4. What is the difference between type 1 and type 2 diabetes?
Type 1 diabetes is usually first diagnosed in children, teenagers, or young adults. With this form of diabetes, the pancreas no longer makes insulin. About 5 to 10 percent of adults with diabetes have type 1 diabetes.

Type 2 diabetes is the most common form of diabetes. People can develop type 2 diabetes at any age, even during childhood. This form of diabetes usually begins with insulin resistance, a condition in which the body does not use insulin properly. At first, the pancreas keeps up with the added demand by producing more insulin. In time, however, it loses the ability to produce enough insulin in response to meals.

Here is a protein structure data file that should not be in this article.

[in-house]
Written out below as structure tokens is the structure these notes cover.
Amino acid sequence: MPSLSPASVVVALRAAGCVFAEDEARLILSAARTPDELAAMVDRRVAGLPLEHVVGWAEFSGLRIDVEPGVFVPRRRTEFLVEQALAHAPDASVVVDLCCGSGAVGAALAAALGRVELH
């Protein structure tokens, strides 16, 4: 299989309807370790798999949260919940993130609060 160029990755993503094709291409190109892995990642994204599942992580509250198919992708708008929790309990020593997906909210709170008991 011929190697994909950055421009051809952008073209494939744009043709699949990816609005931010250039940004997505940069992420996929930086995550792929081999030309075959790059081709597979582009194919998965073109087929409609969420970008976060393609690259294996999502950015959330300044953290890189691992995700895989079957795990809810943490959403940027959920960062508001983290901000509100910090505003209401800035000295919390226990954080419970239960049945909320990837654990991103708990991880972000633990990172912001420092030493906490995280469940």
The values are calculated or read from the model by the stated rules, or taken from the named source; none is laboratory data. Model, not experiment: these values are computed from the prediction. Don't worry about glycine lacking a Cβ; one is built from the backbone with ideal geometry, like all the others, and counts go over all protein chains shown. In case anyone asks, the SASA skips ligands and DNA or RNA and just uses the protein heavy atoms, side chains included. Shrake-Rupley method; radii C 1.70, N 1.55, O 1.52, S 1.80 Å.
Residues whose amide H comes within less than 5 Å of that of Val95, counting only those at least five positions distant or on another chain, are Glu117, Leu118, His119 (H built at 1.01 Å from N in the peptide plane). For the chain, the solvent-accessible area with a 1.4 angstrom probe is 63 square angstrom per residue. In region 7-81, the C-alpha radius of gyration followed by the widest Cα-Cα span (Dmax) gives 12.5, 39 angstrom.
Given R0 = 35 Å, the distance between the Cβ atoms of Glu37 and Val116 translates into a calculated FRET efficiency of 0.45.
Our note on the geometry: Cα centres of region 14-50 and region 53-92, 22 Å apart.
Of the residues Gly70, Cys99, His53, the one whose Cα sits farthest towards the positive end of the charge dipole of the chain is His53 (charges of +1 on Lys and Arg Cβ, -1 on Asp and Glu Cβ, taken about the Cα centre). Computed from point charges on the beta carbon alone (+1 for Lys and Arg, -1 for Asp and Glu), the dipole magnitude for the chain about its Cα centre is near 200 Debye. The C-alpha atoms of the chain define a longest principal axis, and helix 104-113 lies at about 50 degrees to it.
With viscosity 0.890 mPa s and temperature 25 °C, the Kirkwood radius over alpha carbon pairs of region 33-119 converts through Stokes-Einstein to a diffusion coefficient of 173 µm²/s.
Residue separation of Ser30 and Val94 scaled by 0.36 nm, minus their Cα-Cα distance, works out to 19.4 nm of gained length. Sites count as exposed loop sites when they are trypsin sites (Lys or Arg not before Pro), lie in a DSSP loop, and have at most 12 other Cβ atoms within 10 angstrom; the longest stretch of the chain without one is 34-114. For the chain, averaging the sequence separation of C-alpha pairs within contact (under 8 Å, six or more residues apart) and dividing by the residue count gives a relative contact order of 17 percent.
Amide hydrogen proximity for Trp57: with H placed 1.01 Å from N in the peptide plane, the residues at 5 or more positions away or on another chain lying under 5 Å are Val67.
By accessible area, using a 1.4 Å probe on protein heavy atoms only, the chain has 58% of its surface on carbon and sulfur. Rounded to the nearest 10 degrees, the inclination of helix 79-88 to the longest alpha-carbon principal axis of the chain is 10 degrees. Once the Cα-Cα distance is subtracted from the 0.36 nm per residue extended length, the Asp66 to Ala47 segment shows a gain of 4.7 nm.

The result of type 1 and type 2 diabetes is the same: glucose builds up in the blood, while the cells are starved of energy. Over the years, high blood glucose damages nerves and blood vessels, oftentimes leading to complications such as heart disease, stroke, blindness, kidney disease, nerve problems, gum infections, and amputation.

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